Professional Services Sales Myths And The Explanations Behind Them

In my world of professional services sales I hear a lot of interesting sales myths.  Let me share a few along with my explanations behind them.

“It takes an average of (insert any number here) touches before a client will hire you.”

This one is crazy but I hear it everywhere. Clients hire good professional services firms on their first meeting all the time and conversely clients refuse to hire bad professional services providers no matter how many times they are “touched” by them.

In the professional services world there is no predictable correlation between number of “touches” and buying.

So does this mean you shouldn’t send out e-newsletters? That’s not what I am saying. What I am saying is that buyer’s will buy when they shift from the early to the late stage in their buying cycle. And that can be triggered by the 1st newsletter or the 100th or possibly never. There is no magic number.

(And by the way – using “an average of” as any kind of metric is useless. Always rely on discreet numbers, ranges or clusters for benchmarking.)

“Professional services sales is a relationship business.”

Professional services is an advice business. You sell advice, not relationships. Relationships are simply conduits to buyers and are not what buyers buy from you. That is an important distinction to remember.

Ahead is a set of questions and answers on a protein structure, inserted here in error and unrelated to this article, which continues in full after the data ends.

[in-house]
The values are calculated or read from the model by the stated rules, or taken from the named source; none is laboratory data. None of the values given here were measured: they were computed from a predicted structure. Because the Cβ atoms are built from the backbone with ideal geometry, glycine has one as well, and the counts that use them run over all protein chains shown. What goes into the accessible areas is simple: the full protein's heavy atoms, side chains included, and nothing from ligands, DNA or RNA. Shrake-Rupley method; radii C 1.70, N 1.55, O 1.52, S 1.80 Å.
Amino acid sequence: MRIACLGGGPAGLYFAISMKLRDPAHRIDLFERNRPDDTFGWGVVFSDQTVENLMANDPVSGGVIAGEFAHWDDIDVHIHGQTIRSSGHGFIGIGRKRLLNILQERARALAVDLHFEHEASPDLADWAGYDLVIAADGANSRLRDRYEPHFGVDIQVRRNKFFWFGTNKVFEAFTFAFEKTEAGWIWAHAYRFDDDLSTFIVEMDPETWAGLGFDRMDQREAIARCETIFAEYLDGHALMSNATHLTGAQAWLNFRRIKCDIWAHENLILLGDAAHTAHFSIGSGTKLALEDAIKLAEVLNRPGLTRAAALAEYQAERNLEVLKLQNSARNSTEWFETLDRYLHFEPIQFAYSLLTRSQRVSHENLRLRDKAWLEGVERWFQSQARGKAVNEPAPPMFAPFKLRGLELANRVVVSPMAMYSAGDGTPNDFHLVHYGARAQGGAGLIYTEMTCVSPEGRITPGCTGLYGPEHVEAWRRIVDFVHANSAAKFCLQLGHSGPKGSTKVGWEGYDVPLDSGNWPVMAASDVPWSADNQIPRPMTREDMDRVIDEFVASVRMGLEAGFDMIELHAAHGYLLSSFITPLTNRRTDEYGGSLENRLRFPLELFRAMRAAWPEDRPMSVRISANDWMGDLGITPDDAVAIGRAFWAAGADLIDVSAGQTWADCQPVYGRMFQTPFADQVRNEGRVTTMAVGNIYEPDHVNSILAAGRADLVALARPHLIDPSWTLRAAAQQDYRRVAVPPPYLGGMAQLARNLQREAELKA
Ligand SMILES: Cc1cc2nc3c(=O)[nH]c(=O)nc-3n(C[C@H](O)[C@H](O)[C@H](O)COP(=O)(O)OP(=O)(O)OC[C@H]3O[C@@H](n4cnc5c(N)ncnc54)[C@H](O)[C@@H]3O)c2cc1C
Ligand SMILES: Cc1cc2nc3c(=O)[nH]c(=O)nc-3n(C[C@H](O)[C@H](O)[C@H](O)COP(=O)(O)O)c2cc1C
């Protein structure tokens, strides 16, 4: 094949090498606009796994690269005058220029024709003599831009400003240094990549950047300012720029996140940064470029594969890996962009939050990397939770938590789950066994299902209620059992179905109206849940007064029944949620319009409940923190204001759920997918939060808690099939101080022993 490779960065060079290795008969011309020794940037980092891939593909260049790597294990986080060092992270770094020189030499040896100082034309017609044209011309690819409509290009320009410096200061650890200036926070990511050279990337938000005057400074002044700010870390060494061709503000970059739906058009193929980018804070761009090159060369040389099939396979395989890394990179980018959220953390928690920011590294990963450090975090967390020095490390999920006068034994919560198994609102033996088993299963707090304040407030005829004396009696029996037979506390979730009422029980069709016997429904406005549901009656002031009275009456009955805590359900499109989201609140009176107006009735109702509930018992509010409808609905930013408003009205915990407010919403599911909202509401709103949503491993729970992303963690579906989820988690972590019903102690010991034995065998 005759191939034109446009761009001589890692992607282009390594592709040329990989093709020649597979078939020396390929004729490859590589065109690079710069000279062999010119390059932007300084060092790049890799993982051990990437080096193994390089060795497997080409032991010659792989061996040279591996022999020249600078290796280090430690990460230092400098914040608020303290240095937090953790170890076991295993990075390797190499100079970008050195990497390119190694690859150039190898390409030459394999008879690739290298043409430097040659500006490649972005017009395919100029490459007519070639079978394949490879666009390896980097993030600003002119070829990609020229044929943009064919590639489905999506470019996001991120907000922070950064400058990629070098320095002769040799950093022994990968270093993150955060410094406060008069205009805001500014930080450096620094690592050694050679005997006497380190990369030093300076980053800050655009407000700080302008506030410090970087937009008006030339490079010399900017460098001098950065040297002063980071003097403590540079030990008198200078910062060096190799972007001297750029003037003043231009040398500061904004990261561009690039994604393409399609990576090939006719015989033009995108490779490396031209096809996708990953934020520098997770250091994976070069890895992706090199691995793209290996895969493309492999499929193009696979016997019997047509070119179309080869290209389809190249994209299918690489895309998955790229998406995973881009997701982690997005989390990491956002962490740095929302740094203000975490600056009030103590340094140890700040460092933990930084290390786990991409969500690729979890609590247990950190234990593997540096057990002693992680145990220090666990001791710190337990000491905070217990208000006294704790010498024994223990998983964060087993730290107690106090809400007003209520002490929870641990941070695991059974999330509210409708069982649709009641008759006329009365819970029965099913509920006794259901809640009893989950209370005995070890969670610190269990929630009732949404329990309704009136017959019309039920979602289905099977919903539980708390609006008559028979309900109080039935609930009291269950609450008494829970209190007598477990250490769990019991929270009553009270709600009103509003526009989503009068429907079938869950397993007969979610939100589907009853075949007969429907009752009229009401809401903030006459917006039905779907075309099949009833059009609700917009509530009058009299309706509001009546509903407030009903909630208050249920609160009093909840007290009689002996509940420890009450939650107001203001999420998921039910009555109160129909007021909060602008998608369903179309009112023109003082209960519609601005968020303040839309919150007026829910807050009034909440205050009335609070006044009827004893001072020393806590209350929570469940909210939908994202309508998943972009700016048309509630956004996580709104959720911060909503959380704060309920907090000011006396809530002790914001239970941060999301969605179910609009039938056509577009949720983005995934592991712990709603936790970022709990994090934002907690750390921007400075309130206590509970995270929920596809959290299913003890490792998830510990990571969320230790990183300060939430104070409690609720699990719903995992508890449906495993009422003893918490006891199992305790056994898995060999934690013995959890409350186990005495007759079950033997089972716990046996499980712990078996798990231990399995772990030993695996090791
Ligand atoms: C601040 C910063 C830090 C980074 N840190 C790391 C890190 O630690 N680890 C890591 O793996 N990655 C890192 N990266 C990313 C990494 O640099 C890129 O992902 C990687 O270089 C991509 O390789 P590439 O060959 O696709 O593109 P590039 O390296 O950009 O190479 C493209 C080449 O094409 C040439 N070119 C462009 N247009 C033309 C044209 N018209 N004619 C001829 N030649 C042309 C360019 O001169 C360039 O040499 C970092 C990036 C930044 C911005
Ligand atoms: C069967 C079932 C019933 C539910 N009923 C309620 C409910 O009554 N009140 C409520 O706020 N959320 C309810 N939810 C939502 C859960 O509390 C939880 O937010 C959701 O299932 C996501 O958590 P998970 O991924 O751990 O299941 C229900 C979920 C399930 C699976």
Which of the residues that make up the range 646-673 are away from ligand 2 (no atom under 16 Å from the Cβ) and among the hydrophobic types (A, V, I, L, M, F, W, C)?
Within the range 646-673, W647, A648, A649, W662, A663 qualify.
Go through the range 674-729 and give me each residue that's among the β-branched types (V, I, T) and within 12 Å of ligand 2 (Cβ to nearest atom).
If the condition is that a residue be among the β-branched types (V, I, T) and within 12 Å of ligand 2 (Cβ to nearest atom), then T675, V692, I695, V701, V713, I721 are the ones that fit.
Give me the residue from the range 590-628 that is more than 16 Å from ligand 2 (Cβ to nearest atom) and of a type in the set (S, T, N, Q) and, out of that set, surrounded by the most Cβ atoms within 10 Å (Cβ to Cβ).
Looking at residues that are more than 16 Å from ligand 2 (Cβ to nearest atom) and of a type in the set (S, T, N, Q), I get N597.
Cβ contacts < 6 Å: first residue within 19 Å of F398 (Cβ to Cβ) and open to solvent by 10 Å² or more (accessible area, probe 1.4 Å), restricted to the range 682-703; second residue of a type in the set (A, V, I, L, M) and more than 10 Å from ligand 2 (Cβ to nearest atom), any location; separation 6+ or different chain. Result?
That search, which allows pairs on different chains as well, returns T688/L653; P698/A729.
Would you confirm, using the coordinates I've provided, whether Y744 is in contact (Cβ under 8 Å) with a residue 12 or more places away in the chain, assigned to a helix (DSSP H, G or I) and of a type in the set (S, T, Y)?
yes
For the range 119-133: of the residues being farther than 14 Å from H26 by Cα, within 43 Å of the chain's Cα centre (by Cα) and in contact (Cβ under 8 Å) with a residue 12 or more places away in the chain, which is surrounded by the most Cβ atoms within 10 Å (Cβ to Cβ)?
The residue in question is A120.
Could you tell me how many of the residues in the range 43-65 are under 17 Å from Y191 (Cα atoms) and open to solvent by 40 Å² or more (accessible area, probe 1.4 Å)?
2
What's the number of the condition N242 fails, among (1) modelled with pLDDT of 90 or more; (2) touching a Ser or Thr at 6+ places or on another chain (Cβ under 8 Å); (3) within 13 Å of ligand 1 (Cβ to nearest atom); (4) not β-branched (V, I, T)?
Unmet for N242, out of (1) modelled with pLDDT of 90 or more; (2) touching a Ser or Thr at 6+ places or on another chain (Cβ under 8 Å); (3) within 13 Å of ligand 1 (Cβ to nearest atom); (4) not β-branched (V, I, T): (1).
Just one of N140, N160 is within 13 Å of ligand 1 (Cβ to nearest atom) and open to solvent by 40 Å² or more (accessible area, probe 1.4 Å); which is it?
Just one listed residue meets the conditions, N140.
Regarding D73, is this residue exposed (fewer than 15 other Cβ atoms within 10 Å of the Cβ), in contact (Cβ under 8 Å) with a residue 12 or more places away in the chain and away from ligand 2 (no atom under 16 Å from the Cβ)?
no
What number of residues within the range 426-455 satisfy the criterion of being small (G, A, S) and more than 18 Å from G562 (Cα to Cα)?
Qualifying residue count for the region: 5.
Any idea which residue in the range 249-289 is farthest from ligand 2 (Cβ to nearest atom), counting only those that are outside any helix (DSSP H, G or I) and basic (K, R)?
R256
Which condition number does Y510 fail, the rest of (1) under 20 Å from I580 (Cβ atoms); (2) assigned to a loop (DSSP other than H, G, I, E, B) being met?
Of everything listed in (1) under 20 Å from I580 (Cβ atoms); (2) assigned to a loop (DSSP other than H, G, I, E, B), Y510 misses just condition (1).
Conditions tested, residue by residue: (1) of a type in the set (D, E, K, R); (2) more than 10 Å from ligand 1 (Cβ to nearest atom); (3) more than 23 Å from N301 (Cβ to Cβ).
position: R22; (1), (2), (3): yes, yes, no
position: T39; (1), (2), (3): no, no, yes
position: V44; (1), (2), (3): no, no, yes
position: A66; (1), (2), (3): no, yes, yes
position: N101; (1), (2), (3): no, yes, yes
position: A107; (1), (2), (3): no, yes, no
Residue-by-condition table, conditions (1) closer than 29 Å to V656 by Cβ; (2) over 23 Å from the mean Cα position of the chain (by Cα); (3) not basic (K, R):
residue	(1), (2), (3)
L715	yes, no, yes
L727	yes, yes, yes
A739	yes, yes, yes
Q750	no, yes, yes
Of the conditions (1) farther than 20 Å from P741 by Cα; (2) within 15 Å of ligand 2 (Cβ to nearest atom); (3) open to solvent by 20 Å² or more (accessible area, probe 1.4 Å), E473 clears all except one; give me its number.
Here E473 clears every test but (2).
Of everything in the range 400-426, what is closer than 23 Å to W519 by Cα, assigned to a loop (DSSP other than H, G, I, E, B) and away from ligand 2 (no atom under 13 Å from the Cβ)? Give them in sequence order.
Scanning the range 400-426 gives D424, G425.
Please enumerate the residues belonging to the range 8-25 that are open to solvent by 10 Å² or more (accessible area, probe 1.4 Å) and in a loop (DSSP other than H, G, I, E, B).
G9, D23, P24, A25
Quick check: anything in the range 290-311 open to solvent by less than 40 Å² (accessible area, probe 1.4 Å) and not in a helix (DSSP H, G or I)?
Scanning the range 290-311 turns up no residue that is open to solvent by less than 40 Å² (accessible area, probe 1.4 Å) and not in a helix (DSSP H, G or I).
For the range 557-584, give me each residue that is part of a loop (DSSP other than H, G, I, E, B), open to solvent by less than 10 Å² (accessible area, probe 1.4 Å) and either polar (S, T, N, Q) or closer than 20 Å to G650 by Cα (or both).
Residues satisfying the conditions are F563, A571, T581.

“No-one buys based on your website or social media. They have to meet you in person and get to know you.”

If it’s true that 70% of a buyer’s decision is made up before contacting you that means your online presence is 233% as important as meeting you in person.

“Facebook is for personal stuff not business.”

Do you stop being an architect/lawyer/consultant/engineer/CEO/etc./etc. just because you’re browsing Facebook?

Of course not. That’s as silly as saying that any management books you read in bed have no influence upon your professional life because you didn’t read them at the office.

“An RFP is a fair, efficient, and transparent way to select a professional services partner.”

There is so much wrong with this statement that I am currently writing a book about it.

“Procurement people don’t know what they are doing when it comes to buying professional services.”

In any profession there are folks that are good at what they do along with some folks that aren’t so good at what they do and the procurement profession is no different.

Having said that I believe problems with professional services procurement as done by an institutional or government procurement department are usually the result of one or more of the following three things.

 

  1. A lack of leadership by the professional associations of the vendors in pushing back against inappropriate or inefficient procurement processes.
  2. A lack of procurement leadership by the senior executive of the buying organizations.
  3. The presence of archaic or unreasonable procurement policy.

“Branding is business strategy.”

No. Branding is critically important to reflect or communicate your business strategy. However, that does not make it business strategy.

 

 

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The Consultant with Pink Hair

"This should be required reading for consultants AND their clients - especially the part about RFPs." - Blair Enns, Win Without Pitching

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